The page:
Perhaps Dr. King would champion all innovations that put parents and their children’s interests truly first – far above those status quo interests that now reign supreme.
I feel that Dr. King would put more faith in our children. At his core, despite the challenges of his time, Dr. King was a man of hope. Found throughout his greatest speeches from “I Have a Dream” to “I’ve Been to the Mountaintop,” Dr. King spoke positively about the future and optimistically about our youth. He would castigate the subtle and overt suggestions made by many today that some of our children don’t have the capacity to learn.
And, I truly believe, that Dr. King would laud the accomplishments of For Love of Children and encourage us to continue our work to ensure that all students – regardless of race, ethnicity, or neighborhood – receive the support they need to achieve their dreams.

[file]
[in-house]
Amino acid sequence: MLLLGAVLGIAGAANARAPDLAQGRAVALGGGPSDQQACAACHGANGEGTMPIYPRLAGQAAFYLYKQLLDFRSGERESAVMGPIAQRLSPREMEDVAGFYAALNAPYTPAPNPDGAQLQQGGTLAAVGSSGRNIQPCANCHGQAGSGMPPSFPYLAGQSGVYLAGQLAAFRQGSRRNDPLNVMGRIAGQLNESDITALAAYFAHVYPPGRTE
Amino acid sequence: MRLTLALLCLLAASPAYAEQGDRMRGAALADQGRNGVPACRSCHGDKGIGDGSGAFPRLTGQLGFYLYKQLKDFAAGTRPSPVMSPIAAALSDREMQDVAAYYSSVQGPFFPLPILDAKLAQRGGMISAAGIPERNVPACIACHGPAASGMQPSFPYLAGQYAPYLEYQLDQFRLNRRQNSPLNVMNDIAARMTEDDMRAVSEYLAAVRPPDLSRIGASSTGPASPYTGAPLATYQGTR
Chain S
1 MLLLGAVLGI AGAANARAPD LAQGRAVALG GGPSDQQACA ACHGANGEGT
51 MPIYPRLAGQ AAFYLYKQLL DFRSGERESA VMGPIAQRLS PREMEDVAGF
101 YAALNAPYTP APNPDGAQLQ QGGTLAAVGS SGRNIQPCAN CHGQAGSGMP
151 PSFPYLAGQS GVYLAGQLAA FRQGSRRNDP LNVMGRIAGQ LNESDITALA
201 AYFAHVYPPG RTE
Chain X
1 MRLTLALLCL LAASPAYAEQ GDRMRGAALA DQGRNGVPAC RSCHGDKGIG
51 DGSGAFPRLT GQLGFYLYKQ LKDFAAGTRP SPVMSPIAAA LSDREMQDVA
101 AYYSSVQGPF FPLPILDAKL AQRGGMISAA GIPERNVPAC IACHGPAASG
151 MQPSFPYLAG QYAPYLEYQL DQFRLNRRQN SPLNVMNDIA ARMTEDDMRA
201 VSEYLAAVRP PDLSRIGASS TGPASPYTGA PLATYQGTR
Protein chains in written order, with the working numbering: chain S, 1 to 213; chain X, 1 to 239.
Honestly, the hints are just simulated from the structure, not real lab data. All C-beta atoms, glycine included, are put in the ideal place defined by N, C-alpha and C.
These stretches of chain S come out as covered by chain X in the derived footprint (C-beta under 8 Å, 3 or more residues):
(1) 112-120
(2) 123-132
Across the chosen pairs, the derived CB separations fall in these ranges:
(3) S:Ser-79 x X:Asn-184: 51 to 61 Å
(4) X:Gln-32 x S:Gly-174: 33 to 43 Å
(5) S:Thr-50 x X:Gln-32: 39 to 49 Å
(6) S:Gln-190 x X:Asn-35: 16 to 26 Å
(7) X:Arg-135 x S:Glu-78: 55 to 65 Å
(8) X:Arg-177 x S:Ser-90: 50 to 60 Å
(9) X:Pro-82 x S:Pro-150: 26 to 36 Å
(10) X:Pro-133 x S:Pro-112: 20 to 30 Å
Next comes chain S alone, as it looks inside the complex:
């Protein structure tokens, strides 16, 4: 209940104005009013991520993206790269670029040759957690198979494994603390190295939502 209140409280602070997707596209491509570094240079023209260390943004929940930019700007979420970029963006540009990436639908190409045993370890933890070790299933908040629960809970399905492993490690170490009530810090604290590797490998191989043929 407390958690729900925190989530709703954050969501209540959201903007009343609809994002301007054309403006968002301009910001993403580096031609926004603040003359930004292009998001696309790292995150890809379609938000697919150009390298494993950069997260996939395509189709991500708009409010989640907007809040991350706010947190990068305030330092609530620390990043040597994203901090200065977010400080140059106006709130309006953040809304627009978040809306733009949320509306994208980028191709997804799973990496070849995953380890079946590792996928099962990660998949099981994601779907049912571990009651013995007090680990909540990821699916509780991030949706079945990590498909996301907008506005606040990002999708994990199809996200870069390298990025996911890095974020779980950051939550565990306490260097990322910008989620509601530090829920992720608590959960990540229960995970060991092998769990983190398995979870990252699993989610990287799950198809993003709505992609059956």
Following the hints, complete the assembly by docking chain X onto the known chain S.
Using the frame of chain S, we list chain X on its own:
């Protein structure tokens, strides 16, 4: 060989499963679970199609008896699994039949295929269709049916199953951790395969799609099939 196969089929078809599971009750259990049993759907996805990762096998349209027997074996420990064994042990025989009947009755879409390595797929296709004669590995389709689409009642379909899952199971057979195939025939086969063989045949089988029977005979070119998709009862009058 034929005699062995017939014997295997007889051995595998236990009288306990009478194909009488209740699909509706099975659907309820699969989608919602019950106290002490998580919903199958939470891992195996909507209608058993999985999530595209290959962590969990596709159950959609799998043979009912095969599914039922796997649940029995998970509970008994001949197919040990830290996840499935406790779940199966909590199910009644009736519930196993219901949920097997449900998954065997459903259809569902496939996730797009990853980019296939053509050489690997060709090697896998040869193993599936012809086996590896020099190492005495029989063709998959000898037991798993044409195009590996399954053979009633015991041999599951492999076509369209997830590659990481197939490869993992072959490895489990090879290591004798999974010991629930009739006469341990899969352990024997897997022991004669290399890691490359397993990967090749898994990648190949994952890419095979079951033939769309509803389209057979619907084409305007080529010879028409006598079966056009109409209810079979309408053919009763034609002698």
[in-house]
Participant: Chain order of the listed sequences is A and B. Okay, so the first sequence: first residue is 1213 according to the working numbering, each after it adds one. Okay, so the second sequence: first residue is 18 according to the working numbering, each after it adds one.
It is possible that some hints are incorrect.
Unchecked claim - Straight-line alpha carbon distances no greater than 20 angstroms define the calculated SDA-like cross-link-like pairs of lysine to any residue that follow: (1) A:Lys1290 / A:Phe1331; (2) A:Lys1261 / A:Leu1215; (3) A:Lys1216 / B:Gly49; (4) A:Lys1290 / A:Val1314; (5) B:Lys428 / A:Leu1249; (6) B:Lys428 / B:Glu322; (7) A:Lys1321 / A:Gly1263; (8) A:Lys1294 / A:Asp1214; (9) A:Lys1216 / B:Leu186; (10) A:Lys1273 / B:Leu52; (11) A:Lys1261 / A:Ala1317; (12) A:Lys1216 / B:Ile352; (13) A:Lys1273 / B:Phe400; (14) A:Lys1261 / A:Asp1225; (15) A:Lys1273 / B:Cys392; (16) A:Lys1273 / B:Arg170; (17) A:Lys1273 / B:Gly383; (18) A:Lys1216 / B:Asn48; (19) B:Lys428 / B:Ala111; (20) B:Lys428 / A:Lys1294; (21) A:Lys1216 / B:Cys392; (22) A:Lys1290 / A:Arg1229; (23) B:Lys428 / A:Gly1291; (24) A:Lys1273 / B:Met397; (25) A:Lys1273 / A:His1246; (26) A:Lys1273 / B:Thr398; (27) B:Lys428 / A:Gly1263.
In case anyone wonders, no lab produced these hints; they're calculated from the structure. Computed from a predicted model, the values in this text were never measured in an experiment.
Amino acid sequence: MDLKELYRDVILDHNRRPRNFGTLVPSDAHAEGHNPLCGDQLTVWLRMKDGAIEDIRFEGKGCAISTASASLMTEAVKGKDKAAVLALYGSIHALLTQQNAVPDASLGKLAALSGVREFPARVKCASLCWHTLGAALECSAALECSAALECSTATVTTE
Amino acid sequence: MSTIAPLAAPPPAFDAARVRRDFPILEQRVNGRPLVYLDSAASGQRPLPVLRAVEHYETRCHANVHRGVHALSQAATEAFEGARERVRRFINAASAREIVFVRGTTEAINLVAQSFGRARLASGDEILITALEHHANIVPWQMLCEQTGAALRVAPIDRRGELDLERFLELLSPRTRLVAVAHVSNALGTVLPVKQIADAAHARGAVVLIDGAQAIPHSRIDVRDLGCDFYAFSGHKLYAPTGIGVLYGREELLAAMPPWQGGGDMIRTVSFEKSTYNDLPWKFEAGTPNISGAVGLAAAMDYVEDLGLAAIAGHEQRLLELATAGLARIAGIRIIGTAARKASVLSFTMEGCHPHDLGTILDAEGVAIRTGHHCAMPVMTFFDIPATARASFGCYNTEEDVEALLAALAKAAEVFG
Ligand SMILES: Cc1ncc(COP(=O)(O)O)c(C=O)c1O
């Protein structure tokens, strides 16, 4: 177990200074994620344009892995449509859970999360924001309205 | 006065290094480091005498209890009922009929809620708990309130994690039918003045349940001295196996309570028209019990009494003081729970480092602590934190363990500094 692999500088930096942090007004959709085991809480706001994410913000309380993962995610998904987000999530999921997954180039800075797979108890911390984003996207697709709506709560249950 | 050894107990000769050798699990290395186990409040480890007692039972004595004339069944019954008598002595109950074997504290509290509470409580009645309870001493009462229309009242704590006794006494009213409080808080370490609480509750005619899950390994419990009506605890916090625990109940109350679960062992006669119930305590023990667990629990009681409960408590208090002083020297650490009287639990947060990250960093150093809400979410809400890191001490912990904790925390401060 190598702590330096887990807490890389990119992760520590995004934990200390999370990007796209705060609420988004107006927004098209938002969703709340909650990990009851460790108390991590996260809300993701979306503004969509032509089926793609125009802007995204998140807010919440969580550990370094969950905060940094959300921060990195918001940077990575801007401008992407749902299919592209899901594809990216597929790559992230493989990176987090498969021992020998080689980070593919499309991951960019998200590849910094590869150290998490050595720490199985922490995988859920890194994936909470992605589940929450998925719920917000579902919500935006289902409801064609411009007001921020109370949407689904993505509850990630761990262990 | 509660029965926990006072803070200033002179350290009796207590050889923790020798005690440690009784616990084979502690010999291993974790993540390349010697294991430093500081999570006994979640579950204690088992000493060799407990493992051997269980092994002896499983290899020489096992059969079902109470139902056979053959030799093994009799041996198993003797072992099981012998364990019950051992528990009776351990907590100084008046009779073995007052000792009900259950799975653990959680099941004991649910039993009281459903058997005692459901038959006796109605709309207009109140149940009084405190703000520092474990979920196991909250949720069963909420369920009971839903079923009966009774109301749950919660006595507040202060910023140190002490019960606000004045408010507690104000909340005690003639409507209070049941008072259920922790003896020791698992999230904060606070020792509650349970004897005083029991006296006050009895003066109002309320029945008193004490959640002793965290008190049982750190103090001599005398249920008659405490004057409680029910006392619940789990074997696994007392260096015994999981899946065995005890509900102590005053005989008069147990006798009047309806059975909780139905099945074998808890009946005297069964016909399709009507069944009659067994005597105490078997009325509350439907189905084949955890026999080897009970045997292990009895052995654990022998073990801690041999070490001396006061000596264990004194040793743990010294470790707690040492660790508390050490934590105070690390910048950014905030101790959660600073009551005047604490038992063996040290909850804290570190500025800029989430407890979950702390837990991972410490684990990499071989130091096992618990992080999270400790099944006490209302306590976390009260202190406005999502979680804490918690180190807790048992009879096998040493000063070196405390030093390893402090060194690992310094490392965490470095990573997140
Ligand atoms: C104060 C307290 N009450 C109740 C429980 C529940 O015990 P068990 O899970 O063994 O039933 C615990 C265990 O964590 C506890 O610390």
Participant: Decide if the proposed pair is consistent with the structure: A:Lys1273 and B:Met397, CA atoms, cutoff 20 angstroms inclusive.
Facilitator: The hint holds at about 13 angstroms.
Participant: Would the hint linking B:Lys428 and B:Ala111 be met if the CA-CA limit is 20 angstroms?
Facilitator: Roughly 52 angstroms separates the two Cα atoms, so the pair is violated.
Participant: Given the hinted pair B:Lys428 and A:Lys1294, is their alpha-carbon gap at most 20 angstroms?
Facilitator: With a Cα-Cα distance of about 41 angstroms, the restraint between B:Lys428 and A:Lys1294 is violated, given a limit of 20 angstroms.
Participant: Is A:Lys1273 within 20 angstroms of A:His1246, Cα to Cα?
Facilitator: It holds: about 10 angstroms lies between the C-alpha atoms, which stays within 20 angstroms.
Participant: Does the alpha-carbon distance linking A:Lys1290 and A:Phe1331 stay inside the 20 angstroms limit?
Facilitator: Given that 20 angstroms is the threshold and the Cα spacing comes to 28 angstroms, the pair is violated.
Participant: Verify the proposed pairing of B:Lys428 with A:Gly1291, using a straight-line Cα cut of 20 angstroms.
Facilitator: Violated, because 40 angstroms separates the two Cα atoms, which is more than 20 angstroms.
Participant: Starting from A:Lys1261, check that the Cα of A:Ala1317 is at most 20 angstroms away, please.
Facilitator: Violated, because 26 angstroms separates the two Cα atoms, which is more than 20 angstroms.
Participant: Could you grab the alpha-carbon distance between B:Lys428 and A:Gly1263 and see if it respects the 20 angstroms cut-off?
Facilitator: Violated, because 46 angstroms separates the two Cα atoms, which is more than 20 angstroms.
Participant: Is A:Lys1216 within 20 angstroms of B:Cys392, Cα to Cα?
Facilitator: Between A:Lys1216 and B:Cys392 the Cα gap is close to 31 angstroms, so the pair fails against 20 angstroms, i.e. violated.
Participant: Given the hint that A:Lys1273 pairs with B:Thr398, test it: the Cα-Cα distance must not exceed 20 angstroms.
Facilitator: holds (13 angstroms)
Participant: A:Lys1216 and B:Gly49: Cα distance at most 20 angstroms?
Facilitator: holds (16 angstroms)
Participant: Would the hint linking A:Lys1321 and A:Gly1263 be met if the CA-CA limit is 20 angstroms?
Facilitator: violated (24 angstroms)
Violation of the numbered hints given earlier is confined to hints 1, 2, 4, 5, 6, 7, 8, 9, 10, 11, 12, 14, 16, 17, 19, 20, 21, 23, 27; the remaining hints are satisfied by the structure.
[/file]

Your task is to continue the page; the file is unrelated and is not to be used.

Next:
At FLOC, we recognize the need to catch students early and provide long-term support so they can thrive. Our goal is to be sure that every one of our students remains connected to their education, stays on grade level, and grows as a student, a citizen, and a leader. We want to see each of our FLOC students graduate from high school, pursue college or vocational school, and arrive at adulthood positioned for success.
We help students achieve this through a continuum of services — that teaches them important concepts and skills, empowers them to realize their potential, and transforms them into confident, inspired, dynamic young adults.
We have three main programs that provide students with the skills and knowledge they need to thrive.
Neighborhood Tutoring Program (NTP)